At one level, the images draw attention to the act of censorship and make us wonder what was off-message and had to be suppressed. At another level, the black circles unify the images and create a new archive with, possibly, a new meaning.

The two sets of ‘circle’ images are opposite treatments; ‘dots’ concentrates on the circles, while ‘Ground’ shows us everything else in the image. However, both archives have similarities in that they show us how people have dealt with troubled times.


Belfast Exposed Photography (2015) PAST BELFAST EXCHANGE GALLERY EXHIBITION: PEOPLE IN TROUBLE LAUGHING PUSHED TO THE GROUND [online] Available at <http://www.belfastexposed.org/exhibition/People_in_Trouble_Laughing_Pushed_to_the_Ground&gt; [Accessed 10 March 2018].

Bennett, MJ (2017) Countering Stryker’s Punch: Filling the Black Hole with Photoshop and GIMP [online] Available at <https://petapixel.com/2017/07/31/countering-strykers-punch-filling-black-hole-photoshop-gimp/&gt; [Accessed 10 March 2018].

Broomberg & Chanarin (2011) PEOPLE IN TROUBLE LAUGHING PUSHED TO THE GROUND (contacts) [online] Available at <http://www.broombergchanarin.com/hometest/#/contacts/&gt; [Accessed 10 March 2018].

Broomberg & Chanarin (2011) PEOPLE IN TROUBLE LAUGHING PUSHED TO THE GROUND (dots) [online] Available at <http://www.broombergchanarin.com/hometest/#/kodak-1-1-25-1-1/&gt; [Accessed 10 March 2018].

MACK (undated) Adam Broomberg & Oliver Chanarin:  People In Trouble Laughing Pushed To The Ground [online] Available at <http://www.mackbooks.co.uk/books/4-People-In-Trouble-Laughing-Pushed-To-The-Ground.html&gt; [Accessed 10 March 2018].

Meier, A (2016) Scarred Rejects from the Farm Security Administration’s Great Depression Photos [online] Available at <https://hyperallergic.com/287638/scarred-rejects-from-the-farm-security-administrations-great-depression-photos/&gt; [Accessed 10 March 2018].

Research points – Gregory Crewdson

Gregory Crewdson is an American artist working in the medium of photography. I use that form of words because ‘photographer’ is not an adequate description given the kind of large-production operation that he has put on from ‘Twilight‘ (1998-2001) onwards. Indeed he says that he hardly touches the camera, and the credits list for ‘Twilight‘ (Crewdson and Moody 2002) list three ‘camera operators’ and a ‘director of photography’. It is probably best to think of him as similar to a film producer, applying the same type of organisation to a single image as to a movie. It is no surprise that his influences include Hitchcock and Spielberg (and the painter Edward Hopper) (Wikipedia)

In Crewdson’s tableaux series, ‘Twilight‘, ‘Beneath the Roses‘, ‘Sanctuary‘ and ‘Cathedral of the Pines‘,  no part of the mise-en-scène is left to chance. Some tableaux are shot on location (scouted) and some, indoors, on a movie sound stage. Many of the buildings are constructed sets. Props are bought in and listed in the ‘credits’; in Twilight, there is even a credit for a ‘bug wrangler’, presumably dealing with the butterflies and other insects that have been imported (and supplier credited). Scenes are lit with movie lighting and shot on an 8×10 camera.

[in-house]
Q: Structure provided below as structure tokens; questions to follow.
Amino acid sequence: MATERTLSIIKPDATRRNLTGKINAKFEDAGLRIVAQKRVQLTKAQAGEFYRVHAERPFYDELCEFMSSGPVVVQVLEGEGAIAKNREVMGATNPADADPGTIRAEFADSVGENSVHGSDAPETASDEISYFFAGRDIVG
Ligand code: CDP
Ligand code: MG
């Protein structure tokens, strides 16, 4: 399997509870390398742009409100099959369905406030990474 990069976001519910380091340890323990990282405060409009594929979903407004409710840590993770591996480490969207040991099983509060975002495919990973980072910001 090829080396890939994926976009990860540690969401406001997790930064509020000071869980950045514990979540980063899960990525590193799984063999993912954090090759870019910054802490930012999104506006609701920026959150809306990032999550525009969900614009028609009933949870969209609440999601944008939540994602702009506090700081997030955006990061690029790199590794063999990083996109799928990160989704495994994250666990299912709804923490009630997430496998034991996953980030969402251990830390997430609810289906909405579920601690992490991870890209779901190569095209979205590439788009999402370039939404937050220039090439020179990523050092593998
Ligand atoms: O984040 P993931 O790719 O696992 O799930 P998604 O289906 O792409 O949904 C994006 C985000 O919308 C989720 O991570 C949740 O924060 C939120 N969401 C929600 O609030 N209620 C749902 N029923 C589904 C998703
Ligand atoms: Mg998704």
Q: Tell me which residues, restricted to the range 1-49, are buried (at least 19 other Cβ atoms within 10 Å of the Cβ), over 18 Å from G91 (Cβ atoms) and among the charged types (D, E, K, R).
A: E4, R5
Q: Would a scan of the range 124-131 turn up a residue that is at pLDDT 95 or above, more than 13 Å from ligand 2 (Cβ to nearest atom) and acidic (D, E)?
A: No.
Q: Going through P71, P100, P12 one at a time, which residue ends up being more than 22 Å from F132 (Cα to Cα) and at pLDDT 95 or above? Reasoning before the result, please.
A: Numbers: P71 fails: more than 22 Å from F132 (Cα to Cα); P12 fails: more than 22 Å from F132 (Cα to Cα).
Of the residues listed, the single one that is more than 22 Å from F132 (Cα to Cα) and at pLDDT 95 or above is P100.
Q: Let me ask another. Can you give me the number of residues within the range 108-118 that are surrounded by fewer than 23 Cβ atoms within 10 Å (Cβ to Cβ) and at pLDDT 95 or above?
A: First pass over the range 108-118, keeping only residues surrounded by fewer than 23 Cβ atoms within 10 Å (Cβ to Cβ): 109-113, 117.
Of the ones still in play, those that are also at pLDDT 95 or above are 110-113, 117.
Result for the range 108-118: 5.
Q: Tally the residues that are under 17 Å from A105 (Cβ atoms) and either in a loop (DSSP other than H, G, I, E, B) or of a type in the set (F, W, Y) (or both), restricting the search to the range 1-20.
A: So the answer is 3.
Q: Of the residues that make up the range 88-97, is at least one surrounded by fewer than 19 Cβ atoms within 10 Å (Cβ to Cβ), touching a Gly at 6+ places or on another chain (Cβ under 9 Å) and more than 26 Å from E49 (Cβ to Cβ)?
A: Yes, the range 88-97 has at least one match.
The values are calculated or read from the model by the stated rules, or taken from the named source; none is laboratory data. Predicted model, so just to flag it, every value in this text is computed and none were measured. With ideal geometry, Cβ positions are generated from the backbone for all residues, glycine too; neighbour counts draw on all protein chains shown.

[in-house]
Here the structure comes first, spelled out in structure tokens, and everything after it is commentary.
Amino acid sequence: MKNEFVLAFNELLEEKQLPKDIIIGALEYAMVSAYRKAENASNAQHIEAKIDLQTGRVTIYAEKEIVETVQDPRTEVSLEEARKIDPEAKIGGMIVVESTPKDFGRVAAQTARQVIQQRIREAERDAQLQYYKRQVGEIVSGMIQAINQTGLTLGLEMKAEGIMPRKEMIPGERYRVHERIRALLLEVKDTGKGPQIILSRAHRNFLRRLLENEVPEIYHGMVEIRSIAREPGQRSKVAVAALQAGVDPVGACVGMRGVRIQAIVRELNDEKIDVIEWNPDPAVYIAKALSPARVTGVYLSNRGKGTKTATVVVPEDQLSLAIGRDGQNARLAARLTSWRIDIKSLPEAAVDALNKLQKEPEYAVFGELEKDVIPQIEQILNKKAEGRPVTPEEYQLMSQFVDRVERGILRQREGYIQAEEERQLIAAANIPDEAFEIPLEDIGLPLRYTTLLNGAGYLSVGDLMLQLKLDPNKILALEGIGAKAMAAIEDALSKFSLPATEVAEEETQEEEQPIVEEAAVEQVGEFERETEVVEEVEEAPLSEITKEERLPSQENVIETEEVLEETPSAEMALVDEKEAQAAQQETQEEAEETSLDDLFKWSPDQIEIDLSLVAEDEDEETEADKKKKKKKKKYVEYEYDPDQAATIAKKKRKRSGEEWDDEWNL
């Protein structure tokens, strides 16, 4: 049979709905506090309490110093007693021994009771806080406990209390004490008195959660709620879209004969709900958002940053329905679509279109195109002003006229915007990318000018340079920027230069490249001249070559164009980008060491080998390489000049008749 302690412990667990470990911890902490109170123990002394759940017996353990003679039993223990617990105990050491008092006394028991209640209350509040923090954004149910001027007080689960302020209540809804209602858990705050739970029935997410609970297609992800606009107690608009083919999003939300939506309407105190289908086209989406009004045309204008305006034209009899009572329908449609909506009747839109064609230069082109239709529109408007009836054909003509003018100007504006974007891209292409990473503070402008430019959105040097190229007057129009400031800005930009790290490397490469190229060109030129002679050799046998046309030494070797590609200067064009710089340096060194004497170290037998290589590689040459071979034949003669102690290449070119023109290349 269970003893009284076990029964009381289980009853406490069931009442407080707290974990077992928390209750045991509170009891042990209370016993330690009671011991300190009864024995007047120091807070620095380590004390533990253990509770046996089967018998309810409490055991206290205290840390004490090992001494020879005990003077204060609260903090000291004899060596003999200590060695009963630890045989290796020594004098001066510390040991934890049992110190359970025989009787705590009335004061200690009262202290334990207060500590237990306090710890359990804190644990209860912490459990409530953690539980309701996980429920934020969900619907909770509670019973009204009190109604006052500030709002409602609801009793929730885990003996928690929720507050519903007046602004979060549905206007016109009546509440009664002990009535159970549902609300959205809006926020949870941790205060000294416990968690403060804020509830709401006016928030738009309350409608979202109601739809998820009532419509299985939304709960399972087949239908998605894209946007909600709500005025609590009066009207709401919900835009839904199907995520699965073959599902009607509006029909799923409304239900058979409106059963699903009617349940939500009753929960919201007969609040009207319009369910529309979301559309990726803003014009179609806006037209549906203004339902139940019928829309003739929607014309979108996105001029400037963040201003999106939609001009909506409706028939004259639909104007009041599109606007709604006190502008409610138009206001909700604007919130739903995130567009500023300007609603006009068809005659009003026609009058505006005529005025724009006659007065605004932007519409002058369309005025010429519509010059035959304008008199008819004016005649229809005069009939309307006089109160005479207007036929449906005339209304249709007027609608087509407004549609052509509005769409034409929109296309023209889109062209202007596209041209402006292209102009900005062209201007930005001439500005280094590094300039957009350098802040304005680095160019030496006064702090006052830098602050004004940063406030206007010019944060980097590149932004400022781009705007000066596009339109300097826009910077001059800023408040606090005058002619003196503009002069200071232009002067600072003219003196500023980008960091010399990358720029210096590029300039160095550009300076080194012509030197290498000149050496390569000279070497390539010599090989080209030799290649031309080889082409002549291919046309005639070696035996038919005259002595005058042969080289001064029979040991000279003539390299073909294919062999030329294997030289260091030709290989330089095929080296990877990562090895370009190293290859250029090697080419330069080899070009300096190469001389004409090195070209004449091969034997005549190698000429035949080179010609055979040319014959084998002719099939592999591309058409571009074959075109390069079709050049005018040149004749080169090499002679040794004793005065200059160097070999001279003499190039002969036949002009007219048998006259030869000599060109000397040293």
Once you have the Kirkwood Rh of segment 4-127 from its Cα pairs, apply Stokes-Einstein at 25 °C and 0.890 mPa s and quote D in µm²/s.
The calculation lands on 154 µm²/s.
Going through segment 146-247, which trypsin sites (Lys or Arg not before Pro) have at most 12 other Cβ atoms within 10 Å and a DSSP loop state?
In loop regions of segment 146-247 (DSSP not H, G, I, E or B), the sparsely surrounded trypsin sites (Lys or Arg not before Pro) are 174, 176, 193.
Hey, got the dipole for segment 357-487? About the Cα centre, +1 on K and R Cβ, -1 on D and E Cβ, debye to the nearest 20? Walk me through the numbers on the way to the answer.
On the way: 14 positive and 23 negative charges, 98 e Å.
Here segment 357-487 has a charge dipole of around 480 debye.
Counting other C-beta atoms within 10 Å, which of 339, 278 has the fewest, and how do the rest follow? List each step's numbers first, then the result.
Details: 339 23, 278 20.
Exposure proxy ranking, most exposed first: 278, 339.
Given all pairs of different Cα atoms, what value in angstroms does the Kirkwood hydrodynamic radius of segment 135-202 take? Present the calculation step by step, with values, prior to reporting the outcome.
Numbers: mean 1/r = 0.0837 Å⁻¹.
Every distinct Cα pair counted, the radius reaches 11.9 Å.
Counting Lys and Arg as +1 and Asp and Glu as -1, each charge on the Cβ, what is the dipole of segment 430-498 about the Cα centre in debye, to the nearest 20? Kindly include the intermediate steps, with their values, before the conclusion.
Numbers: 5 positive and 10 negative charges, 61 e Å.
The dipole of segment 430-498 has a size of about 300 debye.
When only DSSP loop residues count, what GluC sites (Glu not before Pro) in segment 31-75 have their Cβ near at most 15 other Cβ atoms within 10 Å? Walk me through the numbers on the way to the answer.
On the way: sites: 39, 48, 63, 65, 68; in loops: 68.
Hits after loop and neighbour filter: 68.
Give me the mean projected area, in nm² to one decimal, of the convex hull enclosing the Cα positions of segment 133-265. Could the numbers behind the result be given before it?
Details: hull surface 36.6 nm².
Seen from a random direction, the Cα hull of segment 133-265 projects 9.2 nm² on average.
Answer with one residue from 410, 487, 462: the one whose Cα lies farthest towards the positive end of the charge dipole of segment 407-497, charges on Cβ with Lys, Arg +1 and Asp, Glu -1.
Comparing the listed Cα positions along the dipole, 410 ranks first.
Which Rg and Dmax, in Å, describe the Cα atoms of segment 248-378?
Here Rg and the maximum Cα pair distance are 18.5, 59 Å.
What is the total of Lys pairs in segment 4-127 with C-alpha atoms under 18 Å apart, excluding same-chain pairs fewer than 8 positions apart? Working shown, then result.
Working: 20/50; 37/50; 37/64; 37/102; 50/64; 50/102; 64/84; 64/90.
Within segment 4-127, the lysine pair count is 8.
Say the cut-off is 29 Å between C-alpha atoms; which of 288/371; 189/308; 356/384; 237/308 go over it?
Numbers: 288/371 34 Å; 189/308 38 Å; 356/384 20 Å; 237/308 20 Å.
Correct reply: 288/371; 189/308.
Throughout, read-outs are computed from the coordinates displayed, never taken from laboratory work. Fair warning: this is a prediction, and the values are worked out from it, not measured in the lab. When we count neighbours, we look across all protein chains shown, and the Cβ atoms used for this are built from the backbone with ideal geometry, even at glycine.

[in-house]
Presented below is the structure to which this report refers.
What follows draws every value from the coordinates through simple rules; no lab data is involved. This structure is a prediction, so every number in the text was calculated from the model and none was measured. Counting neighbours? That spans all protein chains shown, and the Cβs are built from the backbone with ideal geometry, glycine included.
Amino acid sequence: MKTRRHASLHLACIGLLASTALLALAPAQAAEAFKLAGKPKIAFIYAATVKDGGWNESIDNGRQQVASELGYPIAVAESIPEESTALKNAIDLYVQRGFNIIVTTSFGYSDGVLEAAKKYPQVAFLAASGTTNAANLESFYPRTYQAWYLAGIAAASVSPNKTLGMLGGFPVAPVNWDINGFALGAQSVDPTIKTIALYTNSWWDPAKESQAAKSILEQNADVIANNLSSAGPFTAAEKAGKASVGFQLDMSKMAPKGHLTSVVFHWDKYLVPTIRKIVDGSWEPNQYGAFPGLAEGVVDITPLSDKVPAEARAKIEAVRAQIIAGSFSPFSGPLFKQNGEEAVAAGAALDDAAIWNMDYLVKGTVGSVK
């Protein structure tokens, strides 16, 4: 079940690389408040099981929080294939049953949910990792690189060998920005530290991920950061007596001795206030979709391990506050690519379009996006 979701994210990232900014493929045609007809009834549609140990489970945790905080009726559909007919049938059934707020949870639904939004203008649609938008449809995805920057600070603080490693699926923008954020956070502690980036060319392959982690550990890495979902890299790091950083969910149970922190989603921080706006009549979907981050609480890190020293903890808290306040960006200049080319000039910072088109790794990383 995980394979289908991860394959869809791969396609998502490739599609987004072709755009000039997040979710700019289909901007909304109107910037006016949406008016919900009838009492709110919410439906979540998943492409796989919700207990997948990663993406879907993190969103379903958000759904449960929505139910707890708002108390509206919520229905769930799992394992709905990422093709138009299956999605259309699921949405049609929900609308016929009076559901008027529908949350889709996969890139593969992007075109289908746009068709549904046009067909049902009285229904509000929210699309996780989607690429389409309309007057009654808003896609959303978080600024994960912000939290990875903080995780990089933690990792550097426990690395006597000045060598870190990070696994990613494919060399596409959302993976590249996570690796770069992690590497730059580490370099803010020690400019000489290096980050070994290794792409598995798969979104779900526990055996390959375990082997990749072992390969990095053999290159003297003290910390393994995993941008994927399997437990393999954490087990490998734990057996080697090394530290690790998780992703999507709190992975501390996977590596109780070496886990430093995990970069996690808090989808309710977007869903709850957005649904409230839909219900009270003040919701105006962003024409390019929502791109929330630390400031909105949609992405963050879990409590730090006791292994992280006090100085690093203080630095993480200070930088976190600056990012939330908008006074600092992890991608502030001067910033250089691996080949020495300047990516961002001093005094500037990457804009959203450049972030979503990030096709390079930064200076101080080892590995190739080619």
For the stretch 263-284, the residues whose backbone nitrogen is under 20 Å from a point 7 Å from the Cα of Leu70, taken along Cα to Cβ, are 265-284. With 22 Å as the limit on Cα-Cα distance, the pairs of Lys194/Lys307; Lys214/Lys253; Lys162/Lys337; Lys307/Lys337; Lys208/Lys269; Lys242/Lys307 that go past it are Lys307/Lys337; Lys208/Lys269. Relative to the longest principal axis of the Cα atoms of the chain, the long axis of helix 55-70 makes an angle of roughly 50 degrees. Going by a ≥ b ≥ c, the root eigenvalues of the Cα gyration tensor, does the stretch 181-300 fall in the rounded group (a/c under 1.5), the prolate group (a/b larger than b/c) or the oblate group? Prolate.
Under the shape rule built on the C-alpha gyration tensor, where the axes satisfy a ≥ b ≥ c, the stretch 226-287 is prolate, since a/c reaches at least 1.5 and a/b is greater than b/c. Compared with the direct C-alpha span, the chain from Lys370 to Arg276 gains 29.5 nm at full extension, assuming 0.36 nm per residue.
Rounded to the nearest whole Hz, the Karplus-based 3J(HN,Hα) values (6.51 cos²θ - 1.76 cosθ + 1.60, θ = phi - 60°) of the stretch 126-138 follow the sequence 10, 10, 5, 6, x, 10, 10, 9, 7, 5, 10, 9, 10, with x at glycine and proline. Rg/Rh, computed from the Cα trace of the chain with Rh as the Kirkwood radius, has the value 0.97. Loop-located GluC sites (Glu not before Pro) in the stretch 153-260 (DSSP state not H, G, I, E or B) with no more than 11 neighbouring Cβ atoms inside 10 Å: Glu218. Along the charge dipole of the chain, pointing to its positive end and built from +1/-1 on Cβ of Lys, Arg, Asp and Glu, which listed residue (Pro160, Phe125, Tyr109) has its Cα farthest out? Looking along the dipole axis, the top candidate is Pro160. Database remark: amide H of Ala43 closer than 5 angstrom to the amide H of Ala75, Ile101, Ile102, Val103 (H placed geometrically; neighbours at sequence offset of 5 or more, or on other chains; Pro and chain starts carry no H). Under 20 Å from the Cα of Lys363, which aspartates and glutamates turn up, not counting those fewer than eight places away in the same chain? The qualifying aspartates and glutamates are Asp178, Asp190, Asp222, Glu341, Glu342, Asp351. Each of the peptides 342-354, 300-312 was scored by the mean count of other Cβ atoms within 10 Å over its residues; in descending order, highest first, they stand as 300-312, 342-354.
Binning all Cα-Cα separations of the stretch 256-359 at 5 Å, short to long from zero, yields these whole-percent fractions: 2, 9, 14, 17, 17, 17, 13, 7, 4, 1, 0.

Crewdson’s images have a unique look, slightly menacing in a Spielberg way, with great detail and a muted colour palette. They all have a sense of concealed narrative; as spectators, we can be sure that there is a story but we are intrigued about how the situation arose.

We are asked to view a YouTube video, then respond to following questions.

Unfortunately, the referenced video is flagged by YouTube as ‘no longer available’. I watched the following instead, but the set questions seem a little non sequitur as a result.

Gregory Crewdson (Photography DOCUMENTARY Film)

Photographers in Focus: Gregory Crewdson

Gregory Crewdson – Close Up – Ovation

Do you think there is more to this work than aesthetic beauty?

I am not sure that Crewdson’s work has beauty in the traditional ‘skin-deep’ sense. When I first saw the Cathedral of the Pines images, I was vaguely irritated at the amount of effort that had been expended to produce something rather banal (technically perfect but banal nonetheless). It was over a period of several weeks that I realised that my subconscious was still working on them and I wanted to see more. I bought ‘Twilight‘ and have made a point of looking out Crewdson references on YouTube and elsewhere on the web.

Do you think Crewdson succeeds in making his work ‘psychological’? What does this mean?

I assume this is a reference to a comment in the missing video.

Several commentators (eg Searle 2005 and Moody (in Crewdson and Moody 2002)) note that Crewdson’s father was a psychologist with consulting rooms in the basement of the family house. It is variously told that the young Crewdson would press his ear to the floor to listen, or that he would imagine doing so. This is sometimes given as an explanation for an interest in the psychology of the characters in his photographs.

Many of these characters appear pensive or thoughtful; where there are multiple figures in an image, I feel that they are close to each other but do not communicate. Each has his or her own thoughts that would only be expressed on the psychologist’s couch -and maybe not even there.